The reason her point was disputed is perfectly obvious: it's a misleading figure to cite. If the 77 cent figure doesn't give an accurate picture of the disparity between pay for men and women in an apples-to-apples comparison, it's just not a useful figure to cite. It's intentionally misleading.

    3. Your comment assumes equal access to the same work. At least some of the various "controls" that mostly conservative writers propose implicitly do the same thing. The 77% figure takes the overall situation as it is. The Census Bureau saw fit to use it as an overall figure, and people commenting on the situation are perfectly entitled to use it. If you think it makes no sense, take it up with the Census Bureau. Maddow made it crystal clear that it was an overall figure. Indeed, only an idiot would assume it meant 77% in every line of work even if she hadn't made it crystal clear that she did not mean that.

      There is a long history of discrimination not only in pay within lines of work, but also dividing the workforce in to women's work and men's work. Why do you think elementary school teachers are overwhelmingly female, while that is not the case in high school and is still much less so in college teaching? There is nothing misleading about using to make that point in media comments the percentage the Census Bureau used as an overall indicator of the same point. But I guess if you think it's misleading, possibly since it's Maddow who said it -- a form of reflexive contrarianism not unlike Republicans being against whatever Obama is for -- there will be no convincing you.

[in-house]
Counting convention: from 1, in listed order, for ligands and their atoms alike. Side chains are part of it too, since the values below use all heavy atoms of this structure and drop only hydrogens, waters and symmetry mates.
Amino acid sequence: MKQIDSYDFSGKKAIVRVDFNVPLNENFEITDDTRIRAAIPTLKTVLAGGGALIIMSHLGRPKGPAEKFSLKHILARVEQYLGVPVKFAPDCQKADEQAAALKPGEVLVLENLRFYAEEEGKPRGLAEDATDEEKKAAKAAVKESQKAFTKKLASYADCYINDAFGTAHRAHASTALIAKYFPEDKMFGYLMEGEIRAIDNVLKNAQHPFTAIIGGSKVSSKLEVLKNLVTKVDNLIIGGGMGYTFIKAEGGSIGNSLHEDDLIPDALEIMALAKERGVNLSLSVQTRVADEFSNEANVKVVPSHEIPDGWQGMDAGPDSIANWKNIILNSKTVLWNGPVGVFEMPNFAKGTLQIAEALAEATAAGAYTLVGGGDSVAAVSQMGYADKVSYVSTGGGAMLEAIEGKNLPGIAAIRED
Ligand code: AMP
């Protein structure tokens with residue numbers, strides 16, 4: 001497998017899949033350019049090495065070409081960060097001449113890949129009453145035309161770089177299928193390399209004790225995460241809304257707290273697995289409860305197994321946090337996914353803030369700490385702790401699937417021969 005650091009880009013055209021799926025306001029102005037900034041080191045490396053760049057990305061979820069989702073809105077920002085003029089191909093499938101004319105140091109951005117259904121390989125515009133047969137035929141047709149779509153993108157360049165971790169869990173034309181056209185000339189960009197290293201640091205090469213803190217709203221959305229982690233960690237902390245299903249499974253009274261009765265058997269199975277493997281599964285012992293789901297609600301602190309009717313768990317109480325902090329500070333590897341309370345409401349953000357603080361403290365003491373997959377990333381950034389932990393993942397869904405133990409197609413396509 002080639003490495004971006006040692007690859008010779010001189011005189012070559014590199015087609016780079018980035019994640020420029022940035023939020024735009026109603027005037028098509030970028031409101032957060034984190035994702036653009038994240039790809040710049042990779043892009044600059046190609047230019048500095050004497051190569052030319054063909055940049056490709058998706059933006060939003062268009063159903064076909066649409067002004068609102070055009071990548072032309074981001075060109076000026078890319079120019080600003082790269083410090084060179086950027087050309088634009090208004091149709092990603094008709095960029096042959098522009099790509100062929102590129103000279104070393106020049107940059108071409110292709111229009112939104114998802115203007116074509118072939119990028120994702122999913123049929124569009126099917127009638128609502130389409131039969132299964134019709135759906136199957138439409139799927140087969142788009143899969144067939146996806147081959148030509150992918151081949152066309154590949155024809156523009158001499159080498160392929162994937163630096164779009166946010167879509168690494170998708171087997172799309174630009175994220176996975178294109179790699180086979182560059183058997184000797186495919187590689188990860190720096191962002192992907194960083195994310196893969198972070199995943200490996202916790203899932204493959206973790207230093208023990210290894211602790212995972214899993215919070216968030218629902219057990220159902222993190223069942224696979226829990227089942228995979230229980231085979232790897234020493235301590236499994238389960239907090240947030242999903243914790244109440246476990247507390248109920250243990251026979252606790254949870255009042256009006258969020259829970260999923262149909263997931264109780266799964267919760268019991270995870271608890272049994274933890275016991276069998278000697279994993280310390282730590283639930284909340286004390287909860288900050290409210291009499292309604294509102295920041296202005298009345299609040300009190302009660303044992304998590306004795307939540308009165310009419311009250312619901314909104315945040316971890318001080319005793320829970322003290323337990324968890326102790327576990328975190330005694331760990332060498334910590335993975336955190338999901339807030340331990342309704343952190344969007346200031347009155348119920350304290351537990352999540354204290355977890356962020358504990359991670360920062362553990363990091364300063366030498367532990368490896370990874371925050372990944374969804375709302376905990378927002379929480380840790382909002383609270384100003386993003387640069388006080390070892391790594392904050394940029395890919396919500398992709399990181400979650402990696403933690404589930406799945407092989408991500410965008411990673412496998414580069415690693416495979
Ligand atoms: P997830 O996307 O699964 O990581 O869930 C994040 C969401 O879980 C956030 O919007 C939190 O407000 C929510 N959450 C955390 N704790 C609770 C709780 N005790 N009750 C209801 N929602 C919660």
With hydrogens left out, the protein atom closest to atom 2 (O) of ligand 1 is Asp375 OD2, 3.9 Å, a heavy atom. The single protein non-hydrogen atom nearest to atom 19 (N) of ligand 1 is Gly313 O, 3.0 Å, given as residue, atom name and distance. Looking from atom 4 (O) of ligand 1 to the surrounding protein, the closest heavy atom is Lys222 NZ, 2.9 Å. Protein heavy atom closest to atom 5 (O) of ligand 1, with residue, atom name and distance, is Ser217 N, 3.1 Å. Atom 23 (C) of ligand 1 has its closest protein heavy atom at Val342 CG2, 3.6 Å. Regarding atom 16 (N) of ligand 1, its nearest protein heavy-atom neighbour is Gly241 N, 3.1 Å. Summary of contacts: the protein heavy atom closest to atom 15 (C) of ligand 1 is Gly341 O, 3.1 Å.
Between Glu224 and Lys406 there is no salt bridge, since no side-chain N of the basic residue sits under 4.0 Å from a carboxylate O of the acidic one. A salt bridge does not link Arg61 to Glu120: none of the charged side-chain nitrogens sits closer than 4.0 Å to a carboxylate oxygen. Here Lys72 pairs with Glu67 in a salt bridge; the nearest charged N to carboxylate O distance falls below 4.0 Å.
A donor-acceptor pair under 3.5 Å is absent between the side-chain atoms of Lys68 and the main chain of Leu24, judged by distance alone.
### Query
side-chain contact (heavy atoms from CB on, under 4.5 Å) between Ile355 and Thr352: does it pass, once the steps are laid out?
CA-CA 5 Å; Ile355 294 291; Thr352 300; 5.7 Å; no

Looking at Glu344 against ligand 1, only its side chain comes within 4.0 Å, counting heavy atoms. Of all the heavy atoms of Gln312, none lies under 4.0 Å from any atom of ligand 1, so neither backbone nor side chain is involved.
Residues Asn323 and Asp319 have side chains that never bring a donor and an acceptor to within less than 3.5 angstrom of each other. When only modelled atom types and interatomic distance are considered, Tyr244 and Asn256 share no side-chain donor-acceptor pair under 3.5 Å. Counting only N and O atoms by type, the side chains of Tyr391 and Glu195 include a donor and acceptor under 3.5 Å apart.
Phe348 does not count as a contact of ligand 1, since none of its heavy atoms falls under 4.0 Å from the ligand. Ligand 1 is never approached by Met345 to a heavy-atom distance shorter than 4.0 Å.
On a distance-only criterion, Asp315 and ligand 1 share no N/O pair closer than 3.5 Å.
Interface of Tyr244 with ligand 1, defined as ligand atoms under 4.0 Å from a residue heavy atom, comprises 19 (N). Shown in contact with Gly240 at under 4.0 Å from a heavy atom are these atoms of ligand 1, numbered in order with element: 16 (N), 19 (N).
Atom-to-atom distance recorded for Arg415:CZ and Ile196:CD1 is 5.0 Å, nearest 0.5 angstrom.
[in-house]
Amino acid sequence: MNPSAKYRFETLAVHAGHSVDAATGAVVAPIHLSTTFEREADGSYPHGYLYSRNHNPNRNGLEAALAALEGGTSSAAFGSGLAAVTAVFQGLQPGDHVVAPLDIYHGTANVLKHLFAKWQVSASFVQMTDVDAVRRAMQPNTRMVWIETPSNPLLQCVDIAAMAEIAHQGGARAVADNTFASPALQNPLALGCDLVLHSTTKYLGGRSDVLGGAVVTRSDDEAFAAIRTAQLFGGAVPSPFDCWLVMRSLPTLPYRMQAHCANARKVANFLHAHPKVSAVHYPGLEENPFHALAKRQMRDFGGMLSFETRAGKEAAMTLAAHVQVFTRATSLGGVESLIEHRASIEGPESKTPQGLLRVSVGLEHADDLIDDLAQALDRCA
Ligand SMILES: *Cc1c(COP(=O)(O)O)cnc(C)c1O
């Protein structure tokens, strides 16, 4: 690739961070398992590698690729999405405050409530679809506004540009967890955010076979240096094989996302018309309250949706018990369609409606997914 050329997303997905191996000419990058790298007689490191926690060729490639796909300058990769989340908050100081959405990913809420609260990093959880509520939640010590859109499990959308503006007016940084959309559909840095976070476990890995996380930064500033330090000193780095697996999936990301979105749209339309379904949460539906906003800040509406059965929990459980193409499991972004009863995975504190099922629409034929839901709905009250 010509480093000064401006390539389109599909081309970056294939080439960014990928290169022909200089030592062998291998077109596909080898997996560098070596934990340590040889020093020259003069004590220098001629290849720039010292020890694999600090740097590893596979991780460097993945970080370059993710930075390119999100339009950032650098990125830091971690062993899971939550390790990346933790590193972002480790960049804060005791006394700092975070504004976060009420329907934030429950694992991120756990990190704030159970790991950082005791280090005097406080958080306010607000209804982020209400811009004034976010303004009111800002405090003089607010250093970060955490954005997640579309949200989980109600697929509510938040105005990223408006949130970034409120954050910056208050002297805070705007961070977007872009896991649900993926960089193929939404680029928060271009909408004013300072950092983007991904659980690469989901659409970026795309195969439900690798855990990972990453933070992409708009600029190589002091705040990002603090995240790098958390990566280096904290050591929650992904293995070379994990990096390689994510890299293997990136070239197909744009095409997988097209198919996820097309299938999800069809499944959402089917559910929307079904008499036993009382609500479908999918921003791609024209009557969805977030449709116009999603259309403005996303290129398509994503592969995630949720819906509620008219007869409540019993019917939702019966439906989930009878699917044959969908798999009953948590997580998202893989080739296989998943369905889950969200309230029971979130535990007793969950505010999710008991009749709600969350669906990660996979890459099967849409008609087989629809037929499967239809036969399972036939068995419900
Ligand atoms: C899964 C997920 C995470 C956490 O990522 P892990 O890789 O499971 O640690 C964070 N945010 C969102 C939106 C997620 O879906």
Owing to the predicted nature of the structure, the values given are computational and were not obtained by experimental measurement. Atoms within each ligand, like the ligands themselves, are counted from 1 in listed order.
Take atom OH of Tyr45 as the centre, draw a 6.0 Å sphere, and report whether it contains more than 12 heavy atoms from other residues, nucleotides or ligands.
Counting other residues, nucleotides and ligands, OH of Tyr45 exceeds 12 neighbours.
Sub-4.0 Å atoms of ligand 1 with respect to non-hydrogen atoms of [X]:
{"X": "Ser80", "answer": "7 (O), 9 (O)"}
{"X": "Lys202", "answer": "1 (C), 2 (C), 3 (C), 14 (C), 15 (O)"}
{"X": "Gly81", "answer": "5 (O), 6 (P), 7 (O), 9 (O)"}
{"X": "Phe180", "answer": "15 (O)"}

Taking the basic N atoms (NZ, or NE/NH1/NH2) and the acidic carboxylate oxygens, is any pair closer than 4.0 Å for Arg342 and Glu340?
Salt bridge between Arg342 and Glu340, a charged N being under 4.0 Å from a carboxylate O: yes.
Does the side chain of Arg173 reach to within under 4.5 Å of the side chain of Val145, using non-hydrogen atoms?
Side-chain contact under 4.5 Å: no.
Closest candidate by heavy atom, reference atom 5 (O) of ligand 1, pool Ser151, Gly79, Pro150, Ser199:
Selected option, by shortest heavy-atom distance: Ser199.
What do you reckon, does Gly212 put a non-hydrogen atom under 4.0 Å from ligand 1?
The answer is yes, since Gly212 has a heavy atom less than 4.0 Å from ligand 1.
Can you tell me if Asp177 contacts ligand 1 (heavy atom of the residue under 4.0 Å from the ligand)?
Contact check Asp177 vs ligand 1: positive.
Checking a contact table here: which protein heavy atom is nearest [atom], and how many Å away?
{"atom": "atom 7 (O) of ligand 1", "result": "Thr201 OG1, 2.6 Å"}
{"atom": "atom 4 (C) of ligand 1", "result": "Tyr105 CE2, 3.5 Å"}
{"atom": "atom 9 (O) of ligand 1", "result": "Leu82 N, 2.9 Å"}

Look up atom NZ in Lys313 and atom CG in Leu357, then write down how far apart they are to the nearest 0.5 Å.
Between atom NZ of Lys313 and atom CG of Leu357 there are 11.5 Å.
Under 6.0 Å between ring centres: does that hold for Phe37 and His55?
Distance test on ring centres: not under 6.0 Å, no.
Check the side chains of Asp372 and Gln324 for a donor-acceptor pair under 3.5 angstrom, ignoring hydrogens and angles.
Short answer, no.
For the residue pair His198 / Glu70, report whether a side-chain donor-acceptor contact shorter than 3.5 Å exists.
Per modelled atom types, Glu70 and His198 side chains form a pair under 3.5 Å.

4. "There is nothing misleading" about Maddow's and others' use of the 77% figure?


      Maddow tried hard to pretend. She succeeded in pretending.

      The guy who points out the pretending is your boogieman.

      That's why you're regarded as a bit of a douchebag.

  5. OMB (The Howler Howls Again)

    Sorry it took me a day and a half to catch this post, but since BOB was covering a four day old post when he he wrote it, I guess I'm not too tardy.

    BOB has a lot of gall to headline this "Hanna Rosin corrects an inaccurate claim!" then use it to pat hiself on the back for his own coverage of an inaccurate claim
    he made in two posts over a year ago which he repeats here in this Poo Poo Platter of a post.

    Bob writes: “Women are paid 77 cents on the dollar for doing the same work as men.” Rosin was saying that this familiar statement is false.

    We fact-checked that claim in May 2012. Here’s why:

    Rachel Maddow had made the familiar claim on Meet the Press."

    Maddow never said "Women are paid 77 cents on the dollar for doing the same work as men."

    Maddow did say: "Women in this country still make 77 cents on the dollar for what men make."

    So why did Bob choose to add the highlighted language to Maddow's comments here and imply she said them back in May of 2012. Because they turn what she accurately said in May, 2012, into something inaccurate.

    Now, if you Bobfans want to go into the "suggestion" of what she "might have meant", or debate other studies and what have you, then I have an internet I took the initiative to create to sell you. Otherwise admit your boy BOB simply "invented" those words and put them in Rachel's mouth. And as often as he tells us she is an overpaid millionaire, she certainly does not need his free help.

    Emperor B.